BBC Culture polled 253 film critics from 52 countries to determine the funniest films ever made. Below are the films that made the Top 100 cut [listed from No. 100 to No. 1]. These are the ones I've seen thus far: 101 out of 101. It took a few days to finish them all, but I'm done!
☑ The King of Comedy (Martin Scorsese, 1982) [tie]
☑ The Ladies Man (Jerry Lewis, 1961) [tie]
☑ The Jerk (Carl Reiner, 1979)
☑ The Hangover (Todd Phillips, 2009)
☑ The Music Box (James Parrott, 1932)
☑ Born Yesterday (George Cukor, 1950)
☑ Ghostbusters (Ivan Reitman, 1984)
☑ Rushmore (Wes Anderson, 1998)
☑ South Park: Bigger, Longer & Uncut (Trey Parker, 1999)
☑ The Exterminating Angel (Luis Buñuel, 1962)
☑ What's Up, Doc? (Peter Bogdanovich, 1972)
☑ A New Leaf (Elaine May, 1971)
☑ Daisies (Vera Chytilová, 1966)
☑ Zoolander (Ben Stiller, 2001)
☑ Gentlemen Prefer Blondes (Howard Hawks, 1953)
☑ Kind Hearts and Coronets (Robert Hamer, 1949)
☑ Amarcord (Federico Fellini, 1973)
☑ Waiting for Guffman (Christopher Guest, 1996)
☑ Safety Last! (Fred C. Newmeyer and Sam Taylor, 1923)
☑ Top Secret! (Jim Abrahams, David Zucker, and Jerry Zucker, 1984)
☑ There's Something About Mary (Bobby and Peter Farrelly, 1998)
☑ Office Space (Mike Judge, 1999)
☑ The Dinner Game (Francis Veber, 1998)
☑ The Princess Bride (Rob Reiner, 1987)
☑ Divorce, Italian Style (Pietro Germi, 1961)
☑ Design for Living (Ernst Lubitsch, 1933)
☑ The Palm Beach Story (Preston Sturges, 1942)
☑ Trading Places (John Landis, 1983)
☑ The Nutty Professor (Jerry Lewis, 1963)
☑ The Naked Gun: From the Files of Police Squad! (David Zucker, 1988)
☑ The Royal Tenenbaums (Wes Anderson, 2001)
☑ In the Loop (Armando Iannucci, 2009)
☑ Love and Death (Woody Allen, 1975)
☑ Ninotchka (Ernst Lubitsch, 1939)
☑ Sons of the Desert (William A. Seiter, 1933)
☑ Hot Fuzz (Edgar Wright, 2007)
☑ Caddyshack (Harold Ramis, 1980)
☑ Step Brothers (Adam McKay, 2008)
☑ Arsenic and Old Lace (Frank Capra, 1944)
☑ What We Do in the Shadows (Jemaine Clement and Taika Waititi, 2014)
☑ Team America: World Police (Trey Parker, 2004)
☑ Shaun of the Dead (Edgar Wright, 2004)
☑ Toni Erdmann (Maren Ade, 2016)
☑ Zelig (Woody Allen, 1983)
☑ Mean Girls (Mark Waters, 2004)
☑ Broadcast News (James L. Brooks, 1987)
☑ Best in Show (Christopher Guest, 2000)
☑ Harold and Maude (Hal Ashby, 1971)
☑ The Blues Brothers (John Landis, 1980)
☑ My Man Godfrey (Gregory La Cava, 1936)
☑ Seven Chances (Buster Keaton, 1925)
☑ Women on the Verge of a Nervous Breakdown (Pedro Almodóvar, 1988)
☑ The Discreet Charm of the Bourgeoisie (Luis Buñuel, 1972)
☑ Trouble in Paradise (Ernst Lubitsch, 1932)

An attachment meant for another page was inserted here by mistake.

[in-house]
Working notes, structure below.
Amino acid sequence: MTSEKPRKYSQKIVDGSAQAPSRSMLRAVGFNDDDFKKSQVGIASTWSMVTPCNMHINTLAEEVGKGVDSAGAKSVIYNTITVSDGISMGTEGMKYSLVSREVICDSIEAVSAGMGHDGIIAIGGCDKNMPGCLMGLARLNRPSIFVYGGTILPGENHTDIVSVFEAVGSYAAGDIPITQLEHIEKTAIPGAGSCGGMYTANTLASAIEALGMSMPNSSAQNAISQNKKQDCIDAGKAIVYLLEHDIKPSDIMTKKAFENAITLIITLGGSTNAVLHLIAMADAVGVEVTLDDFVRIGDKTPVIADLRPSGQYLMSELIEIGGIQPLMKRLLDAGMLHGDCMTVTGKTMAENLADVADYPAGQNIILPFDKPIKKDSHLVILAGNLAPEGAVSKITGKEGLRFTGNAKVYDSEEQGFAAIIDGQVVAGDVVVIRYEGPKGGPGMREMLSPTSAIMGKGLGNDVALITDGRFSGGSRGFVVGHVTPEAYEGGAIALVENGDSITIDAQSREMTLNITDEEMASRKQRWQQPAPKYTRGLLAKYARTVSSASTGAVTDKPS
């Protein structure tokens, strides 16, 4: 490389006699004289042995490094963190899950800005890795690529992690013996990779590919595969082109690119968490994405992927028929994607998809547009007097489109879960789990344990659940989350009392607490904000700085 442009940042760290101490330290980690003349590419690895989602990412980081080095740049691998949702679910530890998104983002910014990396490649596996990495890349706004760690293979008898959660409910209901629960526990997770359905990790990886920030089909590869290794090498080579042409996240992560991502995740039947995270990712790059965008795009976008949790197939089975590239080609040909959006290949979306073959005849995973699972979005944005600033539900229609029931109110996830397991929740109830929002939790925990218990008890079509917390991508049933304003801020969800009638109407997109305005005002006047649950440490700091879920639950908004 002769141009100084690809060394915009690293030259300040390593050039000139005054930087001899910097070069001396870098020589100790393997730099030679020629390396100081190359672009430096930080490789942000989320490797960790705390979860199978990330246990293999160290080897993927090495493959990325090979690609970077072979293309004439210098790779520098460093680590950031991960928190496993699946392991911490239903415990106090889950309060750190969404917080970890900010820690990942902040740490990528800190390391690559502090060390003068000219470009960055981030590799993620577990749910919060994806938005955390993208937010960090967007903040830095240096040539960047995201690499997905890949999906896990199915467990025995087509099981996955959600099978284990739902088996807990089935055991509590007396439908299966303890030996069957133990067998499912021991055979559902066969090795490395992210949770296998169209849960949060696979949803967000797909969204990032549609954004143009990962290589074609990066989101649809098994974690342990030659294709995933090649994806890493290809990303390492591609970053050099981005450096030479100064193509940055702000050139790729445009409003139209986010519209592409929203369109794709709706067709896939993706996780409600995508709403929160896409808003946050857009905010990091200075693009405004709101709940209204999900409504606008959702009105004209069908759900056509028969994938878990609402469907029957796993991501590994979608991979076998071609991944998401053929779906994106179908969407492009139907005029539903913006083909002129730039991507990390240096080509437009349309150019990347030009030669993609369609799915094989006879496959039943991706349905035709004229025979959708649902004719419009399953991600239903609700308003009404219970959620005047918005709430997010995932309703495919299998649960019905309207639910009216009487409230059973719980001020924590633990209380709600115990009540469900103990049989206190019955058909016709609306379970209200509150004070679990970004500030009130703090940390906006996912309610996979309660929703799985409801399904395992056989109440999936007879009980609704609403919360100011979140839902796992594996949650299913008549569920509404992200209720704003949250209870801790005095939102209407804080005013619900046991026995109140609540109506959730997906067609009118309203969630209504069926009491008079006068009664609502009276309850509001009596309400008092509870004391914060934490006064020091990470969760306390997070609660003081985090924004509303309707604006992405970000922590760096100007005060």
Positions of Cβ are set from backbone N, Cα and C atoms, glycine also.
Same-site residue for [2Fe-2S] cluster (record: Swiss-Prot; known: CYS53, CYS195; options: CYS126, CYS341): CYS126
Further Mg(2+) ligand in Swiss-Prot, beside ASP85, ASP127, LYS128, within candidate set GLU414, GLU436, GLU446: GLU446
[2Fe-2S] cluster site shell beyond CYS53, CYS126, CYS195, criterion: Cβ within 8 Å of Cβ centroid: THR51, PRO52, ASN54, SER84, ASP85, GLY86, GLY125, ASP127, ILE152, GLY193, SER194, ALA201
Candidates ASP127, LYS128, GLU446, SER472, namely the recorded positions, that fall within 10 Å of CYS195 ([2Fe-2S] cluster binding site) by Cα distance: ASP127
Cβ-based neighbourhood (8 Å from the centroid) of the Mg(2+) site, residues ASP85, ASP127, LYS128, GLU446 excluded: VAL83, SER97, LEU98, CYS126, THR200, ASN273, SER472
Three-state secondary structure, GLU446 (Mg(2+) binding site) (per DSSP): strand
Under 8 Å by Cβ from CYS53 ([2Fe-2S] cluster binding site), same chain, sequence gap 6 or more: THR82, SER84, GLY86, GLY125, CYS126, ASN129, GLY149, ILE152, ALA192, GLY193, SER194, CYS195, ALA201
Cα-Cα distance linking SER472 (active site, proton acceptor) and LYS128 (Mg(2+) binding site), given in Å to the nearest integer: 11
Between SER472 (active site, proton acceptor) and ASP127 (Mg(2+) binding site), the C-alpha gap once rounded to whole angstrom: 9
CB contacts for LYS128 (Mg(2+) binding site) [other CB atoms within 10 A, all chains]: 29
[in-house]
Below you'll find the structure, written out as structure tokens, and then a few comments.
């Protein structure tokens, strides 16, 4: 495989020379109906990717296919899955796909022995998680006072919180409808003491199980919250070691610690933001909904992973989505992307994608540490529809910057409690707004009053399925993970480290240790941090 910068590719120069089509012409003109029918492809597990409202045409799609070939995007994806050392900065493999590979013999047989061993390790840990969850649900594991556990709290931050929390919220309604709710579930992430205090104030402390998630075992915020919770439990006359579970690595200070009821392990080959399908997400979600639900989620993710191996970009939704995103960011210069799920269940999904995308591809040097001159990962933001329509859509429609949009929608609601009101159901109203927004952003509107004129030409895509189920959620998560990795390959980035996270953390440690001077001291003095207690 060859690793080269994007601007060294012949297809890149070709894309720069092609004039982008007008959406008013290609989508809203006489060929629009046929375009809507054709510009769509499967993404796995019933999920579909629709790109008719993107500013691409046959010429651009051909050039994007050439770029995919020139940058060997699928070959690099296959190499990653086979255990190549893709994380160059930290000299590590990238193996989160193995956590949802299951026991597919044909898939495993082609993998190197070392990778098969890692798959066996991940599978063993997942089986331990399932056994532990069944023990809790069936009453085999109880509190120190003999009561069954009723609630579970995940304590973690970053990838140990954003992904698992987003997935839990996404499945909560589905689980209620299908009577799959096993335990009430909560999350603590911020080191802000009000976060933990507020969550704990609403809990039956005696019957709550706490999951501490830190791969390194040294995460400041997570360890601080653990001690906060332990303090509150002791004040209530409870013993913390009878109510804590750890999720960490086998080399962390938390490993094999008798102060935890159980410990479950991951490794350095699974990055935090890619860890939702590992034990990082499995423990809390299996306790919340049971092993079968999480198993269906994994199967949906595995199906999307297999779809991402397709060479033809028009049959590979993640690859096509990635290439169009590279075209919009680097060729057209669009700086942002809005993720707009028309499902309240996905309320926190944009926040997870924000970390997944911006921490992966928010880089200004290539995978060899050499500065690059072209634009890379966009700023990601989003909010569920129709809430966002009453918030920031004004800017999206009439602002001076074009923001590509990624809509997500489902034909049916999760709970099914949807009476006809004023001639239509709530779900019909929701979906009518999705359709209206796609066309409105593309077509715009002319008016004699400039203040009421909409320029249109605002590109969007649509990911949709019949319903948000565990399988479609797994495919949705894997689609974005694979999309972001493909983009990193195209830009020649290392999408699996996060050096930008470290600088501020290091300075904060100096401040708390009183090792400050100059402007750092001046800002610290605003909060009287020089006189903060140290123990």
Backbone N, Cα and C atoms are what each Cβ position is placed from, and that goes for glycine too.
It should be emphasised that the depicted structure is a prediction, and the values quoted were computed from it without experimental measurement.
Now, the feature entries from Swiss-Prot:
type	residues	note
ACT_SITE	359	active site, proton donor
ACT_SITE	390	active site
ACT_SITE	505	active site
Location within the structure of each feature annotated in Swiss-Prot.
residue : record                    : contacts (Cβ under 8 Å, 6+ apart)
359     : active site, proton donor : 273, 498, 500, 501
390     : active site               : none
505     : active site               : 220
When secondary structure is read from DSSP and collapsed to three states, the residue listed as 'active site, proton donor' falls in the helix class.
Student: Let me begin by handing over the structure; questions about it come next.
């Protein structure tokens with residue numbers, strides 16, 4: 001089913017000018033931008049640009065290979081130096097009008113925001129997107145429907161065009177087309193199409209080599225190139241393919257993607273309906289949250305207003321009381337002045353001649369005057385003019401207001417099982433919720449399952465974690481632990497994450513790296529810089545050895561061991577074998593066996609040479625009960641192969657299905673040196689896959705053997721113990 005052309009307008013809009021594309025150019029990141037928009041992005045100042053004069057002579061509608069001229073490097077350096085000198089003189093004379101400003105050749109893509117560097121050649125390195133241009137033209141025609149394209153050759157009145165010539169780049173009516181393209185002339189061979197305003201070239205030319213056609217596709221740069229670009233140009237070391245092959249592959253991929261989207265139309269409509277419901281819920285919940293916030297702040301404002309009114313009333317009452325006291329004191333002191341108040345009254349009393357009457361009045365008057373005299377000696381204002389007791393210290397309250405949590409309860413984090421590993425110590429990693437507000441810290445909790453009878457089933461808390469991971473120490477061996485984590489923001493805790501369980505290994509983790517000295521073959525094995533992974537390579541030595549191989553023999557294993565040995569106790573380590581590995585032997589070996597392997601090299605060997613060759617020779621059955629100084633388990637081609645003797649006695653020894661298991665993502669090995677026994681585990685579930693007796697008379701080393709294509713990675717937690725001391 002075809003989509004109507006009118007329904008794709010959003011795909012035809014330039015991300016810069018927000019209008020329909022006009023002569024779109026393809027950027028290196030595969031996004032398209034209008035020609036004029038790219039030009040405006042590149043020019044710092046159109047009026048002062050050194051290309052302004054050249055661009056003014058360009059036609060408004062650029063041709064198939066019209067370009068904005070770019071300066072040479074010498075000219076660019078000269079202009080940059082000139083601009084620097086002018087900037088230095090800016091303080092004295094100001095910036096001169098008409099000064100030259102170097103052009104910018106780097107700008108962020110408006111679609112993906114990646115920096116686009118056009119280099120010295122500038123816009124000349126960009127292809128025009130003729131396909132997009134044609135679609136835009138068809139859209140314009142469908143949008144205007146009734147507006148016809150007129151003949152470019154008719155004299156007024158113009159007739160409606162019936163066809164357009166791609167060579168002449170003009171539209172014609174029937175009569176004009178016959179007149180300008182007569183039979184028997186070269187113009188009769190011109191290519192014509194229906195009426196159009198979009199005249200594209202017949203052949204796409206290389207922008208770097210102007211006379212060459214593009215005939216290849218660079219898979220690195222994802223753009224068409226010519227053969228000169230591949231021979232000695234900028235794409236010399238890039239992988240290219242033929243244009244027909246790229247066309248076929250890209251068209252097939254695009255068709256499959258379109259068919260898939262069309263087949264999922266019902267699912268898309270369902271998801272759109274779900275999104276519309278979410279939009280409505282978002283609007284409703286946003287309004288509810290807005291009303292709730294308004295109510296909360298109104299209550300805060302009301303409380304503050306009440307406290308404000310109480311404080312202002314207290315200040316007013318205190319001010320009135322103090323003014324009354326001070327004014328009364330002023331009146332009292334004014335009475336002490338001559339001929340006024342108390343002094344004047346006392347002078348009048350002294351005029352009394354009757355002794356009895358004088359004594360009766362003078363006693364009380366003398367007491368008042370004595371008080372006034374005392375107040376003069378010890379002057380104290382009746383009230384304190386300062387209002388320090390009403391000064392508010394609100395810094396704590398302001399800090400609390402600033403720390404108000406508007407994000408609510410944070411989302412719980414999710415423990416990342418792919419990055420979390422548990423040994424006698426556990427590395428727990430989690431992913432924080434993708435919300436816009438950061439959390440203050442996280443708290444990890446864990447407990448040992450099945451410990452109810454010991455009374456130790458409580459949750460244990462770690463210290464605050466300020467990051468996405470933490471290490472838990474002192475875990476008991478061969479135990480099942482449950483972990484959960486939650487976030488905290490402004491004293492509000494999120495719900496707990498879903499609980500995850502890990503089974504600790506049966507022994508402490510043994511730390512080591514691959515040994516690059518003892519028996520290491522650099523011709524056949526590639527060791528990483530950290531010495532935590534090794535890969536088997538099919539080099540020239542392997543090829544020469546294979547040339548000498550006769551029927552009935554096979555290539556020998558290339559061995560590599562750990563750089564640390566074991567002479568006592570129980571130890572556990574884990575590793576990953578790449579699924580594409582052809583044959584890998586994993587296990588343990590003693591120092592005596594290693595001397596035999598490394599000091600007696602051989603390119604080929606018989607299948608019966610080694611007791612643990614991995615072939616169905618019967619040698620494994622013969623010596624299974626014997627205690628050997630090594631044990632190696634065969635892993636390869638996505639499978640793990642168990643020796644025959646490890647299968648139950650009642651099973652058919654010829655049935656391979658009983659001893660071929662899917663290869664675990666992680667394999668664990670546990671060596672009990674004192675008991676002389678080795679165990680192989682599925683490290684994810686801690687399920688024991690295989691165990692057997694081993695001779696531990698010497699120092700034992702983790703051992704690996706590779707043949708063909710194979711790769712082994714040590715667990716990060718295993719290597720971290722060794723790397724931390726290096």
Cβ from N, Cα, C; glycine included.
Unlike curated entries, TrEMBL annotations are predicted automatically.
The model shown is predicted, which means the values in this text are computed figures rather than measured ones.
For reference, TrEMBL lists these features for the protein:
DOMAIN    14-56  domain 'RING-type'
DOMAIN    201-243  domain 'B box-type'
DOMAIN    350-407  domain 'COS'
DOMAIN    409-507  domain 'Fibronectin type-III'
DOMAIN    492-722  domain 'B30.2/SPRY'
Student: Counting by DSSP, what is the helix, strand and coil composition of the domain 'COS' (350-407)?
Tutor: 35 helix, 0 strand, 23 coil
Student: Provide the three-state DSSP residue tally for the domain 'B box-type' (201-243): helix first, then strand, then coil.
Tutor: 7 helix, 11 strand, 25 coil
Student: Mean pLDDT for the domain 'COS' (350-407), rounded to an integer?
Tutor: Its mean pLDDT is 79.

☑ Animal House (John Landis, 1978)
☑ Pulp Fiction (Quentin Tarantino, 1994)
☑ Big Deal on Madonna Street (Mario Monicelli, 1958)
☑ Bridesmaids (Paul Feig, 2011)
☑ M*A*S*H (Robert Altman, 1970)
☑ The Awful Truth (Leo McCarey, 1937)
☑ Borat: Cultural Learnings of America for Make Benefit Glorious Nation of Kazakhstan (Larry Charles, 2006)
☑ The Producers (Mel Brooks, 1967)
☑ A Night at the Opera (Sam Wood and Edmund Goulding, 1935)
☑ The Philadelphia Story (George Cukor, 1940)
☑ Sullivan’s Travels (Preston Sturges, 1941)
☑ A Fish Called Wanda (Charles Crichton and John Cleese, 1988)
☑ Singin' in the Rain (Stanley Donen and Gene Kelly, 1952)
☑ Clueless (Amy Heckerling, 1995)
☑ Anchorman: The Legend of Ron Burgundy (Adam McKay, 2004)
☑ Raising Arizona (Joel and Ethan Coen, 1987)
☑ Tootsie (Sydney Pollack, 1982)
☑ Monsieur Hulot's Holiday (Jacques Tati, 1953)
☑ When Harry Met Sally... (Rob Reiner, 1989)
☑ It Happened One Night (Frank Capra, 1934)
☑ The Apartment (Billy Wilder, 1960)
☑ Mon Oncle (Jacques Tati, 1958)
☑ The Gold Rush (Charlie Chaplin, 1925)
☑ Withnail and I (Bruce Robinson, 1987)
☑ The Party (Blake Edwards, 1968)
☑ Young Frankenstein (Mel Brooks, 1974)
☑ City Lights (Charlie Chaplin, 1931)
☑ Blazing Saddles (Mel Brooks, 1974)
☑ The Lady Eve (Preston Sturges, 1941)
☑ Sherlock Jr. (Buster Keaton, 1924)
☑ Bringing Up Baby (Howard Hawks, 1938)
☑ The Great Dictator (Charlie Chaplin, 1940)
☑ Monty Python and the Holy Grail (Terry Gilliam and Terry Jones, 1975)
☑ His Girl Friday (Howard Hawks, 1940)
☑ To Be or Not To Be (Ernst Lubitsch, 1942)
☑ Modern Times (Charlie Chaplin, 1936)
☑ The Big Lebowski (Joel and Ethan Coen, 1998)
☑ The General (Clyde Bruckman and Buster Keaton, 1926)
☑ This Is Spinal Tap (Rob Reiner, 1984)
☑ Playtime (Jacques Tati, 1967)
☑ Airplane! (Jim Abrahams, David Zucker, and Jerry Zucker, 1980)
☑ Life of Brian (Terry Jones, 1979)
☑ Duck Soup (Leo McCarey, 1933)
☑ Groundhog Day (Harold Ramis, 1993)
☑ Annie Hall (Woody Allen, 1977)
☑ Dr. Strangelove or: How I Learned to Stop Worrying and Love the Bomb (Stanley Kubrick, 1964)